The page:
When I watch TV, I don’t want to watch the noise of commercials. They are there to cleverly try to persuade me to buy a product or service. I flip to something else. I have to be careful or I will find it is too easy to get lost in the TV Technojungle, even mesmerized into watching useless TV shows that really have little or no value or interest to me. It’s not only TV, the same thing can happen with online content. Some people might shrug at this sort of TV content and call it escapism. In other words, they are tired and overwhelmed and just want to escape from life—veg out. The same goes for music, in fact, can’t any information from any media have a noise component? Shouldn’t we all be critically thinking about what information we are consuming and how it is affecting us, making us more or less human?
Back to sound for a moment. Over the years, a combination of many things, including mostly noise, has left me with Tinnitus, or ringing in the ears. It is constant, loud and permanent sounds in my head. It never stops. Sometimes I can sort of ignore it, but most of the time it is truly disorienting and troublesome in my life. Could there be a Tinnitus equivalent for information—information that is persistent and never goes away?
There’s even more noise to consider. We covered what is valuable and useful information, so what other forms of information noise can you think of? I find that I am increasingly having to deal with which information is accurate and true versus inaccurate and false. I always have to keep in mind that human life is about quality, not quantity. I am better off if I take the time to verify information rather than believe it and move on because I think I will never get through everything I want to get through, which, of course, would be dehumanizing.
How can you verify information from the Technojungle? I try to stick with reliable sources. There are reasons why traditional news sources are worthy, however you can and should, verify those too with other reliable sources. Even the traditional news media are struggling to provide deep coverage of topics and most no longer have the resources to do truly deep investigative reporting. Sometime they can’t properly verify news which is already on other media, such as social media.
The pandemic has intensified probably every difficult aspect of news and information due to so many uncertainties about the virus. It has been difficult to truly believe everything presented from the many sorted outlets. Not only have experts been changing their tunes on topics as they learn more about the virus, but often conspiracy theories have come to look like the truth and the truth has come to look like conspiracy theories. In between the vast range from mainstream sources to alternative sources have been truths and lies to make sorting out what is accurate a constant and difficult struggle leaving people confounded at times. When the very experts we are supposed to trust say one thing one week and another thing the next week, it becomes difficult to know what to believe and who to trust.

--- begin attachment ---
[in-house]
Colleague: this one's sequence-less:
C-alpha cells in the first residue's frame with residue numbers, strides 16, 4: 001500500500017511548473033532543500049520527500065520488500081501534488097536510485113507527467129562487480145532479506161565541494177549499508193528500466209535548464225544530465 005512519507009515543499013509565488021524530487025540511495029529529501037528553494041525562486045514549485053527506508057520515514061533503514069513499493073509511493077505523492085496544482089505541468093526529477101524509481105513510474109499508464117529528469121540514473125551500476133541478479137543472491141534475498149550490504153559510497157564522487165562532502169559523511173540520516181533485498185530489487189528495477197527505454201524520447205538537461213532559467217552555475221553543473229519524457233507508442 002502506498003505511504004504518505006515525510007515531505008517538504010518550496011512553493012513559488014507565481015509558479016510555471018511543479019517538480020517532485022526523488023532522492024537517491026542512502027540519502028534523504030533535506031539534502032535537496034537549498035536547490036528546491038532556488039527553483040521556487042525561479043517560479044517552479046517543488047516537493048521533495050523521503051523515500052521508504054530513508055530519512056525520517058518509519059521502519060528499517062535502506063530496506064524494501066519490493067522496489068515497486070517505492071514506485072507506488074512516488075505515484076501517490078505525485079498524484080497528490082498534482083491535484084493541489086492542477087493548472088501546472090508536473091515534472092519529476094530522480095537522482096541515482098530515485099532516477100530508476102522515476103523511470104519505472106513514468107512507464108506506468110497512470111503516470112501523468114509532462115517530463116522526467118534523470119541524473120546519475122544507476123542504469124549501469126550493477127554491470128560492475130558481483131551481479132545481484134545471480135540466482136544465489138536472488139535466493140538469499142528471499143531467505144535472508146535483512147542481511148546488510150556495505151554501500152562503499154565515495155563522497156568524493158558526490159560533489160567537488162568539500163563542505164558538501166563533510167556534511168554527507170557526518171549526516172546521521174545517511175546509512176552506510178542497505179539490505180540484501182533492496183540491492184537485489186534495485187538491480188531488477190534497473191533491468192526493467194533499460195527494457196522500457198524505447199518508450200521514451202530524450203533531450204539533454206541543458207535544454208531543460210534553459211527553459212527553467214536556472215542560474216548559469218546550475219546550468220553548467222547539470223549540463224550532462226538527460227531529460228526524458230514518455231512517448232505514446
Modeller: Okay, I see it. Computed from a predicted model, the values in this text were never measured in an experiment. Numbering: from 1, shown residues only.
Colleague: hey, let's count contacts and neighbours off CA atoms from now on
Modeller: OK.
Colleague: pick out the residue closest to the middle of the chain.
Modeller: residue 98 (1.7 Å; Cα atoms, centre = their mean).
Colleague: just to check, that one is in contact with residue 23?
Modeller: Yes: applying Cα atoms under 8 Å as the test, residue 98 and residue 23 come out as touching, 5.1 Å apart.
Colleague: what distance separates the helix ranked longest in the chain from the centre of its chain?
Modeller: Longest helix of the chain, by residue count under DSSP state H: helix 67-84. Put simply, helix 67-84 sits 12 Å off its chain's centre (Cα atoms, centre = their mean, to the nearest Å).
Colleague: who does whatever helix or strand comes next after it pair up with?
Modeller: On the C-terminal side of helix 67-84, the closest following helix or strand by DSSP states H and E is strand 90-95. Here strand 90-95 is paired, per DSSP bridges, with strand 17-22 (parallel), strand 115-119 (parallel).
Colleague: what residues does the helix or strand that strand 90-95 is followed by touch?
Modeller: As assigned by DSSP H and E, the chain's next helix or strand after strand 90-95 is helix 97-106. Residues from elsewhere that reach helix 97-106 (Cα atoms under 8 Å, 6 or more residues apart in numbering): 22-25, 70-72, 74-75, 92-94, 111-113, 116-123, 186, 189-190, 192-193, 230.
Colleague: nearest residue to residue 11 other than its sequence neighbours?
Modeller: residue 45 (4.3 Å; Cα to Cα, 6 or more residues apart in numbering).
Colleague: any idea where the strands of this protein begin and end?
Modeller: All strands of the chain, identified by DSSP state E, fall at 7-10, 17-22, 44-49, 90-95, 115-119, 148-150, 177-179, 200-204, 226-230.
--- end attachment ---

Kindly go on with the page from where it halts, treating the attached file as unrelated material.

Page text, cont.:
There has been quite a lot of buzz around the idea of fake news. We must be careful not to spread inaccurate or false information through the Technojungle. Our responsibility is to avoid being part of the problem. What sources do you follow that you feel are accurate? Do you read, listen and watch with a critical mind? Don’t believe everything from the Technojungle as truth unless you are sure. Don’t believe everything just because it is on TV. As the old saying goes, “…trust everyone, but always cut the deck.” That is, make a final check before you bet.
These days there are many ways to get breaking news through the Technojungle—some official and some unofficial. The professional news media take great care to verify news and information. The Media hold a responsibility to keep governments and our society in check. People rely on the reporting of correct information. With the Internet and cell phone technology, everyone can report the news through the Technojungle. However, it may or may not be well researched, entirely accurate, or verified. News gets out on the social media of the Technojungle about an event occurring even before it can get on the official media. The news media struggle to keep up and verify information and not miss out on the latest news. Could ordinary people start a frenzy or panic by propagating erroneous or fake news through the Technojungle? Or, would such an occurrence be corrected by other people at the source who might tell a different story? Either way, at times people get carried away by excitement and become less than accurate in what they see, hear and feel during an event. After all, humans will be human, even in the Technojungle.